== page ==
On October 30, 2017, Paul Manafort Jr. was indicted for concealing his interests in several foreign bank accounts, as well as tax evasion and a host of other criminal charges. The indictment reminds us how important it is to follow the strict guidelines of the reporting regime that the Internal Revenue Service (IRS) and the US Department of the Treasury have established to disclose foreign bank accounts.
Pursuant to the Bank Secrecy Act, a US citizen or resident (a US Person) is required to disclose certain foreign bank and financial accounts which he or she has “a financial interest in or signature authority over” annually. This obligation can be triggered by direct or indirect interests; a US Person is treated as having a financial interest in a foreign account through indirect ownership of more than 50 percent of the voting power or equity of a foreign entity, like a corporation or partnership. The US Person is required to annually disclose the interest on FinCEN 114, Report of Foreign Bank and Financial Accounts, which is commonly referred to as the FBAR. The disclosure requirement is triggered when the aggregate value of the foreign account exceeds $10,000. The form is filed with your federal income tax return.
The civil penalties for failing to timely disclose an interest in a foreign account can be severe, and in the case of willful violations, can reach up to 50 percent of the highest aggregate annual balance of the unreported foreign financial account each year. The statute of limitations for FBAR violations is six years, and the willful penalty may be assessed for more than one year, creating extreme financial consequences for FBAR reporting failures.
A US person must also disclose the existence of covered foreign accounts in Part III of Schedule B to his or her Form 1040 – US Individual Income Tax Return. Importantly, by signing the return, a US Person attests—under penalties of perjury—that all information provided on the return is “true, correct and complete.” Thus, a non-disclosing US Person can be prosecuted for perjury and for filing a false or fraudulent tax return in addition to any financial penalties.
A range of criminal sanctions may apply to US Persons who fail to disclose the existence of—and income from—offshore financial accounts on their annual tax return, FBARs and other IRS forms. For example, the statutory criminal sanctions for failing to file an FBAR include substantial fines and up to 10 years imprisonment, depending on the type of violation.
Because a substantial number of US Persons failed to disclose their foreign financial accounts, the IRS implemented the Offshore Voluntary Disclosure Program, the Streamlined Offshore Procedures Program, the Delinquent International Information Return Program, and the Delinquent FBAR Submission Procedures to assist taxpayers in becoming compliant with the Bank Secrecy Act. More information about these programs can be found here. We have previously discussed developments in this area here.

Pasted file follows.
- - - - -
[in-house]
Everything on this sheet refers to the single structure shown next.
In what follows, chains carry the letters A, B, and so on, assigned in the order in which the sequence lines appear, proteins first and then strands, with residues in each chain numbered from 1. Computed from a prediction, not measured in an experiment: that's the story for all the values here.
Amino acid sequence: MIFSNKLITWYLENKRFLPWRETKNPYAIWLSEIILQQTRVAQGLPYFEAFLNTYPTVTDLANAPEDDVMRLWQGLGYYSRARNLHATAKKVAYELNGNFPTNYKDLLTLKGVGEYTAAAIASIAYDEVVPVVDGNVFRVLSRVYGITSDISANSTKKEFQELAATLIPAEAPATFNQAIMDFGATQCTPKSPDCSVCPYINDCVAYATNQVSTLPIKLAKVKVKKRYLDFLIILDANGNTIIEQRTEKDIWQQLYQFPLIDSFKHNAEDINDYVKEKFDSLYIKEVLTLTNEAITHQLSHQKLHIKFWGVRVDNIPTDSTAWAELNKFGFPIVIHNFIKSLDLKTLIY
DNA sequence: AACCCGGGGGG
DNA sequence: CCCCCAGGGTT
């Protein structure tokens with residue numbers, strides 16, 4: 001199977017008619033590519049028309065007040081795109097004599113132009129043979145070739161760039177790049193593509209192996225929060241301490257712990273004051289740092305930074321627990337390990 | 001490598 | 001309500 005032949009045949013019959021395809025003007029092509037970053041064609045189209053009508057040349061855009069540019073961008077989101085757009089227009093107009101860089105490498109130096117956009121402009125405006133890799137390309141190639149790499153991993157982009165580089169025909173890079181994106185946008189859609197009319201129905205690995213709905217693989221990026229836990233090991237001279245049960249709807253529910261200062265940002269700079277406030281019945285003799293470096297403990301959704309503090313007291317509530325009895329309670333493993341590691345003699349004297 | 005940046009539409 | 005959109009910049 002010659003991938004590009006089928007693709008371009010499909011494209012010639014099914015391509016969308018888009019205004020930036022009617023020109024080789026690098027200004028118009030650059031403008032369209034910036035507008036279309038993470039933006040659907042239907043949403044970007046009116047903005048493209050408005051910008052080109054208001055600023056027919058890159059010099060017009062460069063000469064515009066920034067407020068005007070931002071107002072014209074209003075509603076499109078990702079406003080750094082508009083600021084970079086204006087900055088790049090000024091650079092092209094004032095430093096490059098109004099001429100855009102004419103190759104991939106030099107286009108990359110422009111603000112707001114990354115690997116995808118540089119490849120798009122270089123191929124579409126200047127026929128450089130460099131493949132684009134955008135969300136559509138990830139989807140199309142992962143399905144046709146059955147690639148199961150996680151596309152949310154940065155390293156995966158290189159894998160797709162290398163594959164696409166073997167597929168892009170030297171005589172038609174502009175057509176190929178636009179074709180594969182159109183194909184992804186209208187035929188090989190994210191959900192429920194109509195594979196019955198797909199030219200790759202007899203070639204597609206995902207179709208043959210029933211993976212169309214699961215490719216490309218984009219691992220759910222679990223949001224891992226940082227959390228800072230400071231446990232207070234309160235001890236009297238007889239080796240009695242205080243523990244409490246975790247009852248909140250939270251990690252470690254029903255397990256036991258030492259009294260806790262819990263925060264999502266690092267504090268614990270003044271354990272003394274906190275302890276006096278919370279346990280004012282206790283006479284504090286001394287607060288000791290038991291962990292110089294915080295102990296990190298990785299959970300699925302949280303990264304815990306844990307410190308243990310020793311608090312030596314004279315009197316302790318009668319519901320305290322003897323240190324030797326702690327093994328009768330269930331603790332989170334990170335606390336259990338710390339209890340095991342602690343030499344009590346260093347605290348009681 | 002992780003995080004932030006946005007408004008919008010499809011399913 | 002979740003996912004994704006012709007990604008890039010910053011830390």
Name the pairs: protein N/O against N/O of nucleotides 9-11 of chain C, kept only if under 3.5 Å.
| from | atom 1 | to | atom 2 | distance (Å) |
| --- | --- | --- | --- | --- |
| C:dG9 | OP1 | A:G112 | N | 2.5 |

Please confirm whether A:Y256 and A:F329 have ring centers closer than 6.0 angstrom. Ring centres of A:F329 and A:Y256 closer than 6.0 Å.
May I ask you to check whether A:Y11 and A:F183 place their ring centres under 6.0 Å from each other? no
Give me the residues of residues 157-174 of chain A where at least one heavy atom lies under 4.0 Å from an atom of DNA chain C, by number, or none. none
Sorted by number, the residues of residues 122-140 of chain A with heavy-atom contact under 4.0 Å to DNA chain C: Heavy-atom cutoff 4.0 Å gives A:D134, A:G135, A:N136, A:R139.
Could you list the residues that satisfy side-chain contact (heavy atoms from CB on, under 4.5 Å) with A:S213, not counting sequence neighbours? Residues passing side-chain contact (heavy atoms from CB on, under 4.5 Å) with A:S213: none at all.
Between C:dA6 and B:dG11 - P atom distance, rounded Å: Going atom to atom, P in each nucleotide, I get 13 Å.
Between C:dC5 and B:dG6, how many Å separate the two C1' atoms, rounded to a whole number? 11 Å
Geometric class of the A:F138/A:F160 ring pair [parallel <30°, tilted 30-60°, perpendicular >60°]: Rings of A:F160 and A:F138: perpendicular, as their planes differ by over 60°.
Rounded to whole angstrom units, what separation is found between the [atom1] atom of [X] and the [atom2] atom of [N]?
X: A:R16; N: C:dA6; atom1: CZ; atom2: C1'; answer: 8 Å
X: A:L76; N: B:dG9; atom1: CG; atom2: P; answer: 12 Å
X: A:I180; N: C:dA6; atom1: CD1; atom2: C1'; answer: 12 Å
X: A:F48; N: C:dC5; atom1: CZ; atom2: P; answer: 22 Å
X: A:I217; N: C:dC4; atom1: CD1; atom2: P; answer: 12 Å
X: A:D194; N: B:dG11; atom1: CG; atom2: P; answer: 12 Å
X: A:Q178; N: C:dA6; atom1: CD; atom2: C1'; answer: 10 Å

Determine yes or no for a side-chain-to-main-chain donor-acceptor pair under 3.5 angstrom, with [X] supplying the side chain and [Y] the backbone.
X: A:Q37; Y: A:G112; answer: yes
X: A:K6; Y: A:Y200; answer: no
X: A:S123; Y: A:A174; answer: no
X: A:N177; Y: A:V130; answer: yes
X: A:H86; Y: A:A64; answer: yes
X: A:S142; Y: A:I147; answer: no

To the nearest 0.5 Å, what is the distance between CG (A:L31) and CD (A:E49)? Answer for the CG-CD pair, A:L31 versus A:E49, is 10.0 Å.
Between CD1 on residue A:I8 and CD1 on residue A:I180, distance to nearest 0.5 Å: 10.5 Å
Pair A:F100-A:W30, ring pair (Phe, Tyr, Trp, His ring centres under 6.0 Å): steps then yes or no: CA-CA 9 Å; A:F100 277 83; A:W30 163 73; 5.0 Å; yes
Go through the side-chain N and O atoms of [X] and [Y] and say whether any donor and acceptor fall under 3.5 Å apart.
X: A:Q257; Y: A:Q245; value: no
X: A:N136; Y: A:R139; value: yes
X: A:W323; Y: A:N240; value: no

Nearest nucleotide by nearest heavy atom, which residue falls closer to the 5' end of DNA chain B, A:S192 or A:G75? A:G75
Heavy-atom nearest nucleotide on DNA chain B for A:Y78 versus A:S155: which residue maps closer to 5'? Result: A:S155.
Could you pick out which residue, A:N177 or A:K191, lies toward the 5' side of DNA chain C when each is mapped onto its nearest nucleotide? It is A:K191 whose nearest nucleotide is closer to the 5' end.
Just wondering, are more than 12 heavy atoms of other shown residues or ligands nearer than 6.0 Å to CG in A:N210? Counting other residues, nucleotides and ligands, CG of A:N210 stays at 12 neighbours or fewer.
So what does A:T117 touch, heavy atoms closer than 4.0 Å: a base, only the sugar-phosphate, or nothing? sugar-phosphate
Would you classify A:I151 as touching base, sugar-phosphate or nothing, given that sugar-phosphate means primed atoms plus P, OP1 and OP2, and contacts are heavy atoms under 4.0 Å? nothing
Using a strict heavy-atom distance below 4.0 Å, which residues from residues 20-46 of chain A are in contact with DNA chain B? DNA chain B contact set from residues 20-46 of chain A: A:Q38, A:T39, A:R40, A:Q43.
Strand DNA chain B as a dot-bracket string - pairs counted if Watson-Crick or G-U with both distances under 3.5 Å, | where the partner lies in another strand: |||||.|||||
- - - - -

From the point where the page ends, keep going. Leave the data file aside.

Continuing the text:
The FBAR charges in the Manafort indictment are notable for a number of reasons. Typically, investigations for tax crimes take a much longer amount of time to develop and move toward indictment, as attorneys around the US are generally obliged to coordinate their charging decisions with the Department of Justice (DOJ) Tax Division. This approval procedure offers targets of criminal investigations and their counsel several opportunities to argue for mitigation before charging decisions are made. News reports over the last few days have suggested that Robert Mueller’s team either bypassed or curtailed the involvement of DOJ in the process of indicting Manafort.
Also, the FBAR charges against Manafort are in some ways a return to form, as the FBAR reporting requirement has its origins as an investigative tool to suss out potential offshore money laundering. More recently, the government has primarily used FBAR reporting failures to identify potential US tax evasion, and collection of FBAR penalties through the Offshore Voluntary Disclosure Program and other efforts have been a significant source of revenue for the US Treasury in recent years.
Practice Point: Manafort’s indictment is a reminder to make sure that US Persons understand the complex rules for disclosing interests in foreign accounts and entities. Prior to filing a federal tax return, we suggest US Persons with interests in foreign entities and financial instruments perform a self-audit of their disclosure requirements under these rules. Of course, voluntary disclosure is a good option for those taxpayers who may have had historical missteps in this area, and the IRS now offers a number of different options for taxpayers to come into compliance.